C. Brunner,2 J. Sblendorio-Levy,3 R. Maniscalco,4 R. Howe,5 B. Herr,6 M. Fuller,7 P. Go l ds t r a nd , 8 and P. van den Bogaard 9


Sequences from the volcanic apron of Gran Canaria of the Canary Islands were evaluated for continuity, steadiness of deposition rate, and age resolution to determine their fitness for study of geologic cycles through time. An age model was constructed using regression analysis of the polarity record for Site 953, which had relatively complete magnetostratigraphy from the Brunhes Chron through the middle Miocene. Local ages for biostratigraphic datum levels were estimated from the polarity record at Site 953, and were used to construct age models for the other sites, where polarity records were highly discontinuous. The regression age models were refined using biostratigraphic and sedimentologic data to delimit hiatuses, slumps, and repeated sequences, and the accuracies of the age models were checked with radiometric dates where possible.

Local ages of foraminifer and calcareous nannofossil first and last occurrences were estimated from magnetostratigraphy of the sequence. Local ages of the first and last occurrences of most species do not differ significantly from current global/ocean-wide ages, except those of nine species: the last occurrences of Globoquadrina dehiscens and Discoaster loeblichii and the first occurrences of Neogloboquadrina acostaensis, Globigerina nepenthes, Discoaster berggrenii, Minylitha convallis, Discoaster hamatus, Discoaster coalitus, and Discoaster kugleri. Hiatuses at the four sites generally group within four periods: the late Fataga eruptive period, the pre-Roque Nublo eruptive period, the Roque Nublo eruptive period, and the Late Pliocene and Quaternary Epochs, when changes in sea level were large and volcanic eruptions were sporadic on Gran Canaria.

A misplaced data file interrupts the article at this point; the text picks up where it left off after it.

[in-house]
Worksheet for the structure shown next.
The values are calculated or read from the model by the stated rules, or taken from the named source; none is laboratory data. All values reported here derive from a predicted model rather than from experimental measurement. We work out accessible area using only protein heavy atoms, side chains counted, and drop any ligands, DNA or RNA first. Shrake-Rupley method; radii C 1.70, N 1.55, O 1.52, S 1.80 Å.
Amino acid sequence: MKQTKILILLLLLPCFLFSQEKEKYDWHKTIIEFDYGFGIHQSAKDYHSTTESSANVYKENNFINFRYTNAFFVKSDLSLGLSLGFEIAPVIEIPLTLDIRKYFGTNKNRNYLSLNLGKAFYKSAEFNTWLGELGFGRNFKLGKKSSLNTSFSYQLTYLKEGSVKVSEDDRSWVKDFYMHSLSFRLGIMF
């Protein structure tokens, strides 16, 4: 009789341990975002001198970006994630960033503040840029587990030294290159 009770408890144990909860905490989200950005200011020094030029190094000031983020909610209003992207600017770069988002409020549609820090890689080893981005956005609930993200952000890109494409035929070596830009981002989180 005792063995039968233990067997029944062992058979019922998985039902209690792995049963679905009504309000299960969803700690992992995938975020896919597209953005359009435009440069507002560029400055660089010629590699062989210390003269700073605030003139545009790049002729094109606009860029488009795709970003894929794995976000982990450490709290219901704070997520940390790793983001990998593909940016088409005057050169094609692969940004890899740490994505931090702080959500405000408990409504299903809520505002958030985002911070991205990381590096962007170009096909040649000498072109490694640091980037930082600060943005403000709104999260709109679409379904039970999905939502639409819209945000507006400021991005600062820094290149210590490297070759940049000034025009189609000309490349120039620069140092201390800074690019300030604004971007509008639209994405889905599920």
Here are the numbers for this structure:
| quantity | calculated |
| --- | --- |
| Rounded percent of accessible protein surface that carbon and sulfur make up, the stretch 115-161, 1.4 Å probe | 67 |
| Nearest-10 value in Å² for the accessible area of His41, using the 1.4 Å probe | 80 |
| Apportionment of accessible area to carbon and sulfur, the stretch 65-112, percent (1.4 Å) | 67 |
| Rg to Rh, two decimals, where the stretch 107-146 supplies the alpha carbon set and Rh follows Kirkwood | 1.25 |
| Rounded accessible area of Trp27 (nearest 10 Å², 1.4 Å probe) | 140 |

Bio- and magnetostratigraphic evaluations of the Canary Island sites of Leg 157 clearly show that the section cored at Site 953 is the most continuous with the steadiest rates of sedimentation and the finest age resolution. Most bio- and magnetostratigraphic zones are present, and hiatuses last <0.4 m.y. Site 954 ranks second, but is flawed by several hiatuses >1.0 m.y. The best intervals at these sites, with standard errors of the age estimate <0.1 m.y., are adequate to resolve the broad highs and lows of volcanic activity since the early middle Miocene, third-order sea-level changes, and broad environmental cycles, possibly even 0.4 m.y. Milankovitch cycles, but they are inadequate to resolve shorter cycles, like fourth-order sea-level changes, without improvement to the age models. By contrast, stratigraphic sequences at Sites 955 and 956 were generally unsuitable for time series studies requiring anything but crude age resolution over long intervals.

1 Weaver, P.P.E., Schmincke, H.-U., Firth, J.V., and Duffield, W. (Eds.), 1998. Proc. ODP, Sci. Results, 157: College Station, TX (Ocean Drilling Program).
2 Institute of Marine Sciences, University of Southern Mississippi, John C. Stennis Space Center, MS 39529, U.S.A. cbrunner@sunfish.st.usm.edu
3 6111 Yarwell, Houston, TX 77096, U.S.A.
4 Instituto di Geologia e Geofisica, Università di Catania, Corso, Italia 55, 95129 Catania, Italy.
5 Challenger Division for Seafloor Processes, Southampton Oceanography Centre, Southampton, Hampshire SO14 3ZH, United Kingdom (Present address: Department of Geology and Geophysics, University of Western Australia, Nedlands WA 6907, Australia).
6 Institut für Allgemeine und Angewandte Geophysik, Universität Munchen, Theresien-strasse, D-80333, München, Federal Republic of Germany.
7 SOEST-Hawaii Institute of Geophysics and Planetology, University of Hawaii, Honolulu, Hawaii, 96822, U.S.A. (Present address: Department of Geological Sciences, University of California, Santa Barbara, CA 93106, U.S.A.)
8 Department of Geological Sciences, University of Nevada, Reno, NV 89557, U.S.A.
9 GEOMAR Forschungszentrum, Wischhofstrasse 1-3, D-241148 Kiel, Federal Republic of Germany.